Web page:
01.27.2012
By Terry Flanagan

Markets Assess Swap Trading Rules

CFTC would assign responsibility to SEFs and DCMs for determining if swap is available to trade.

Market participants are weighing a proposed rule by the Commodity Futures Trading Commission that delegates to swap execution facilities and designated contract markets the responsibility for determining whether a particular swap is deemed as “available to trade.”

The proposal provides that DCMs and SEFs, rather than the CFTC, will make the determination of when a swap has been made available to trade by considering seven enumerated factors, or any other factor that the DCM or SEF may view as relevant. The DCM or SEF may base its determination on any combination of the factors, or on a single factor.

Once such a determination is final, all other DCMs and SEFs are obligated to determine whether they list or offer the same, or an economically equivalent swap, and if so, they must treat the swap or economically equivalent swap as having been made available to trade.

There is a fundamental split among the commenters, with some preferring a determination by the Commission itself, and others preferring that the regulated execution facilities make this determination.

Commenters who support a Commission determination have suggested that the regulated facility could have incentives to prematurely make certain swaps available to trade in order to mandate trading in these instruments on their platforms.

The theoretical concerns that have been raised about the incentives that this might create for a SEF or DCM could be addressed through modification by the CFTC of its Part 40 procedures to allow for special timeframes concerning these categories of filings.

For example, an SEF or DCM could be required to have listed a particular swap for a minimum of three to six months before designating it as available to trade.

Many in the derivatives industry have recommended that the process for determining when a swap is available to trade should include greater CFTC involvement, because once the Commission mandates that a swap must be cleared, then that swap can only be traded on an exchange or an SEF.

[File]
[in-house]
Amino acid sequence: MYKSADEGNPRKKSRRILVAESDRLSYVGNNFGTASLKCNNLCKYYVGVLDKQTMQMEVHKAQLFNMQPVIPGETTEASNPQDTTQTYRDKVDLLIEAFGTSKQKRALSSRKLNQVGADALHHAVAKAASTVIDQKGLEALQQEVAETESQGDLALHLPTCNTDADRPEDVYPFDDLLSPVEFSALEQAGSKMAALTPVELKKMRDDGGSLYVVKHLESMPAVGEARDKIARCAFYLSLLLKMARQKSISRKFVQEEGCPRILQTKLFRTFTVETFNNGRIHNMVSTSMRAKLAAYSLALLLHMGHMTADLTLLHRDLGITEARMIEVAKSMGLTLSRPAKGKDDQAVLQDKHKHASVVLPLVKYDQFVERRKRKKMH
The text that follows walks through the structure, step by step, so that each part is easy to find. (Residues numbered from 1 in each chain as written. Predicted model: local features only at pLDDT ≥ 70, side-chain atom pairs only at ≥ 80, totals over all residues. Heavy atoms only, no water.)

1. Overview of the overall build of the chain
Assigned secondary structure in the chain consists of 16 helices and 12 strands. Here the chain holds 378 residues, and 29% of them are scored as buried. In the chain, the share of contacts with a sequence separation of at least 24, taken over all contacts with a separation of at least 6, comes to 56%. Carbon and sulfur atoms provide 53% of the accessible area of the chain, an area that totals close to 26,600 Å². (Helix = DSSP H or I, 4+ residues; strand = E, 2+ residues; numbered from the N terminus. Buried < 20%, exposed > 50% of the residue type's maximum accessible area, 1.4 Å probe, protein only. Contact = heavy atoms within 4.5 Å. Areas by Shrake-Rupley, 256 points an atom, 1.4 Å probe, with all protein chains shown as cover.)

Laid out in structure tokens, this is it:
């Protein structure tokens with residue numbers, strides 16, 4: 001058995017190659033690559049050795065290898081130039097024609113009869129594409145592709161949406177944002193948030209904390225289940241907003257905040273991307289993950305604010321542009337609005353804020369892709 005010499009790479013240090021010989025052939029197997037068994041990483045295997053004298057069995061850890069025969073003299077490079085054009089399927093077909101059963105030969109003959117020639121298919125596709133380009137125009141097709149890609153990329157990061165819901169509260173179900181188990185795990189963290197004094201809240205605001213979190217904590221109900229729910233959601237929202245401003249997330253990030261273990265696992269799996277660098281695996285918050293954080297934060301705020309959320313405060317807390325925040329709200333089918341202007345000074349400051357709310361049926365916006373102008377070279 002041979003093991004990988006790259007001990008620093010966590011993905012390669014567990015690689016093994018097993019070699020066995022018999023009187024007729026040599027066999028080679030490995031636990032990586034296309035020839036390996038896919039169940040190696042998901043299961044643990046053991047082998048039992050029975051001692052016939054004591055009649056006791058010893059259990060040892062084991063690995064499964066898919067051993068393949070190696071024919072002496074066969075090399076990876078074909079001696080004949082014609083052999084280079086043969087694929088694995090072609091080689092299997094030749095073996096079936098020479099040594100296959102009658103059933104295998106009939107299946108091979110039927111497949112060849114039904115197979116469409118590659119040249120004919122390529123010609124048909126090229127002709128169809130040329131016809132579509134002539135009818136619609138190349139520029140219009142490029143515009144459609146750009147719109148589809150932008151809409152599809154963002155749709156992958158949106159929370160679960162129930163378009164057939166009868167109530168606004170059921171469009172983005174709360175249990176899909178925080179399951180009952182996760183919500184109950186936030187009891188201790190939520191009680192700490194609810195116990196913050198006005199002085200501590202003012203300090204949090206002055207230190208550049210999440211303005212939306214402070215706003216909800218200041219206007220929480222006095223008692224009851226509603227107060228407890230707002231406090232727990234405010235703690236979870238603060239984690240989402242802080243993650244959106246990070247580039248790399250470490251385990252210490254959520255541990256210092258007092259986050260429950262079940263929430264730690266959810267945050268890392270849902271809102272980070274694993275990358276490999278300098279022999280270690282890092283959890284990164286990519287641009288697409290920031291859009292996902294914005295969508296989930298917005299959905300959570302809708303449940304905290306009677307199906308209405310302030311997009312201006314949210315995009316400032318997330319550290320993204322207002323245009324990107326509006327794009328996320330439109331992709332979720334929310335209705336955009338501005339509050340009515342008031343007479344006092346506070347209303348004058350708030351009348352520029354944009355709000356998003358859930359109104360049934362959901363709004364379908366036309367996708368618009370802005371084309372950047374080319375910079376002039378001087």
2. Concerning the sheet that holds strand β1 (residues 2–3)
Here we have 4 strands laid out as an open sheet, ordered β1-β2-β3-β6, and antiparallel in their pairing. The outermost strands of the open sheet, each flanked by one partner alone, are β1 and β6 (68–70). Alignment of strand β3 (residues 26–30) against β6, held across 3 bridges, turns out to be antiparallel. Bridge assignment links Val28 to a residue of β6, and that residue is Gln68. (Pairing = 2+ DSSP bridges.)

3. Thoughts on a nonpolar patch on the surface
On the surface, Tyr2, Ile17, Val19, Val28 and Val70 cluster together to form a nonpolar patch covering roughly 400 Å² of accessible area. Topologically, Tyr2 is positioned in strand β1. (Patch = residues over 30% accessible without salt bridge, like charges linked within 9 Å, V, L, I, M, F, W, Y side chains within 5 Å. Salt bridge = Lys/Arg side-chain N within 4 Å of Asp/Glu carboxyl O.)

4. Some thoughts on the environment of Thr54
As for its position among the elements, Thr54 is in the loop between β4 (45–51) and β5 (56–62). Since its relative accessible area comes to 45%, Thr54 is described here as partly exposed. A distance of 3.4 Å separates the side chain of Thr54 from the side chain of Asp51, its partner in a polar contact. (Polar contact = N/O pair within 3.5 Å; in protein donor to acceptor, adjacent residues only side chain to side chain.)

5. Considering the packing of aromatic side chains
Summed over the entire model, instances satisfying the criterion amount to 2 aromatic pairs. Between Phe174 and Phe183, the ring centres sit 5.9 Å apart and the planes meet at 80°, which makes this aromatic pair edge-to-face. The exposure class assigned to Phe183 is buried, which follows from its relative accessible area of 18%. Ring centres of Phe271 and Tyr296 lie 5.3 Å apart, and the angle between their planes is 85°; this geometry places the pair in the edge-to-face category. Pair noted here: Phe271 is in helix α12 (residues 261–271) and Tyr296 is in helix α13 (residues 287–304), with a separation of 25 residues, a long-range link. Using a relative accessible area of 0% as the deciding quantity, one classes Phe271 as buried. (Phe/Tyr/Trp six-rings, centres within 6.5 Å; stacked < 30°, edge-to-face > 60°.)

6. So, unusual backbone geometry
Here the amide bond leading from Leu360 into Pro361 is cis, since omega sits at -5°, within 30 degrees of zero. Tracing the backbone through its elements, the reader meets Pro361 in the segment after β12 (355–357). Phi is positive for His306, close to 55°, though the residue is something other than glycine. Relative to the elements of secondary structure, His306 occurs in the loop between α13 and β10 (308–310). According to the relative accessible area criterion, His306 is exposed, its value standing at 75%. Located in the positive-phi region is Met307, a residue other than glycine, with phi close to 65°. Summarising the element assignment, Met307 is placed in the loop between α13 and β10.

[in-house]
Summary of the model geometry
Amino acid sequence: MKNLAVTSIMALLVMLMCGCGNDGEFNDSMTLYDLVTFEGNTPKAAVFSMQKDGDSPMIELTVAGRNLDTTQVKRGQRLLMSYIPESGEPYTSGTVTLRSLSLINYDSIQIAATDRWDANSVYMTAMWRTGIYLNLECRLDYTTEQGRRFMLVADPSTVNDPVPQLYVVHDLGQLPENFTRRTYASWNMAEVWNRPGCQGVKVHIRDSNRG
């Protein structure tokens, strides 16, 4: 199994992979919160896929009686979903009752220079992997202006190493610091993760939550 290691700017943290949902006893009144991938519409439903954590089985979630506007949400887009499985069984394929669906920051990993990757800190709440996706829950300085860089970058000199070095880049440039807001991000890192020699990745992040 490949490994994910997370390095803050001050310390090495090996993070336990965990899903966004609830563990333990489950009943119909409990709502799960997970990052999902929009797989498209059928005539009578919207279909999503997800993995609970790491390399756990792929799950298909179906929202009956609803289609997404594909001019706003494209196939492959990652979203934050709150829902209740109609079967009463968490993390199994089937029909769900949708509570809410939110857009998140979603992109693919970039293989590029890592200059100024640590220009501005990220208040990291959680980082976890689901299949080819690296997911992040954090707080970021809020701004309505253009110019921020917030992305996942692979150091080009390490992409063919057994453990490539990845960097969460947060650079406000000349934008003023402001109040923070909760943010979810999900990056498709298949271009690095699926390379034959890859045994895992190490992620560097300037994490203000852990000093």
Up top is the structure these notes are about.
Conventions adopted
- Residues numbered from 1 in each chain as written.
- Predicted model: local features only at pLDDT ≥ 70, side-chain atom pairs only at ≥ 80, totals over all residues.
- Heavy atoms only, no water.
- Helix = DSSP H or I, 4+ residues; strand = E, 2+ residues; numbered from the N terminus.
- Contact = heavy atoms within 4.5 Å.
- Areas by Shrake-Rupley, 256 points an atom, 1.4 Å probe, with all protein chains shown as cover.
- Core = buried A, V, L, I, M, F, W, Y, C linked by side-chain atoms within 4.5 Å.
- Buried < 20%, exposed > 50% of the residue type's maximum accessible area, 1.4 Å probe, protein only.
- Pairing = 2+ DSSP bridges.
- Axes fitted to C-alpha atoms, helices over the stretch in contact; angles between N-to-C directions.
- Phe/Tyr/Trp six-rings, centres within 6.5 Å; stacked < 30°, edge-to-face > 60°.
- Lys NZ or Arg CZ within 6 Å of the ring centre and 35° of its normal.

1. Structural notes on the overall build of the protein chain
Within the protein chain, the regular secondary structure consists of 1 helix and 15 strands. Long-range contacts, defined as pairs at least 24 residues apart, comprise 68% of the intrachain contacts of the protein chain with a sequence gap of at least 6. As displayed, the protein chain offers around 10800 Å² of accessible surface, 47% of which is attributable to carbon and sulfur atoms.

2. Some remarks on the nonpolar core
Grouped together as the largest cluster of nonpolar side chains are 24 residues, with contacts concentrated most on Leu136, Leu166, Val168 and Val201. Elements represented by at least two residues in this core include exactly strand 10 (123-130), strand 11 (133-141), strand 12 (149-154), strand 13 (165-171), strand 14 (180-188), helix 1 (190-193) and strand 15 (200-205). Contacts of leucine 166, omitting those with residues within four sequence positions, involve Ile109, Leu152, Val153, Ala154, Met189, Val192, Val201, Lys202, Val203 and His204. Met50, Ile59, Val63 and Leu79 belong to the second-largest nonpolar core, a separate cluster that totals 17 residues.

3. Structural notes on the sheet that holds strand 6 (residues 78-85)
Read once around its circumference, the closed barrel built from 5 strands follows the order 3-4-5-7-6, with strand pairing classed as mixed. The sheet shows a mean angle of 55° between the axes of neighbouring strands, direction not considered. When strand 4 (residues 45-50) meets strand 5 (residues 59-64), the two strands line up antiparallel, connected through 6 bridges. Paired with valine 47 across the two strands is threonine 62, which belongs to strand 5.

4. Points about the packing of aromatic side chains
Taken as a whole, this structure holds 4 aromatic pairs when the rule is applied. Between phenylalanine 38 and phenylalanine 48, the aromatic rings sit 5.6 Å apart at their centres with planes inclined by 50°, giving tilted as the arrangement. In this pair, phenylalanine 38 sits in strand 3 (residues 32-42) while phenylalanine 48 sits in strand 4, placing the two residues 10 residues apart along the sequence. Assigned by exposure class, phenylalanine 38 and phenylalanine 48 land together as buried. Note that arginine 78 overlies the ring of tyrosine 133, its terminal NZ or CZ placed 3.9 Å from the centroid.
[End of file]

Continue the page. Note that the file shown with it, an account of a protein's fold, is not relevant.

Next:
“It’s up to the CFTC to determine that a two-year interest-rate swap is available to trade,” an executive at a major inter-dealer broker told Markets Media.

All over-the-counter (OTC) participants would have to determine whether a swap they trade or would like to trade is the same or economically equivalent because, if the Commission has determined that the swap must be cleared, OTC trading must cease, said Commissioner Jill Sommers, in a dissenting statement.

The definition of “economically equivalent” set forth in the proposal is also problematic. It directs DCMs and SEFs to determine whether a swap is economically equivalent with another swap after considering each swap’s “material pricing terms.”

The proposal, in effect, would delegate implementation of the trade execution requirement of the Dodd-Frank Act to DCMs and SEFs.

The CFTC views the proposed procedure as a balanced approach, whereby a DCM or SEF—the facilities that may be most familiar with the trading of these swaps—has responsibility to make a swap available to trade, and that the procedure is responsive to comments that the CFTC be involved in the process.

Under the proposed rule, an SEF or DCM would take the following factors into account in determining whether to make a swap available for trading: whether there are ready and willing buyers and sellers; the frequency or size of transactions; trading volume; number and types of market participants; bid/ask spread; number of resting bids and offers; and whether a SEF’s or DCM’s trading platform will support trading in the swap.

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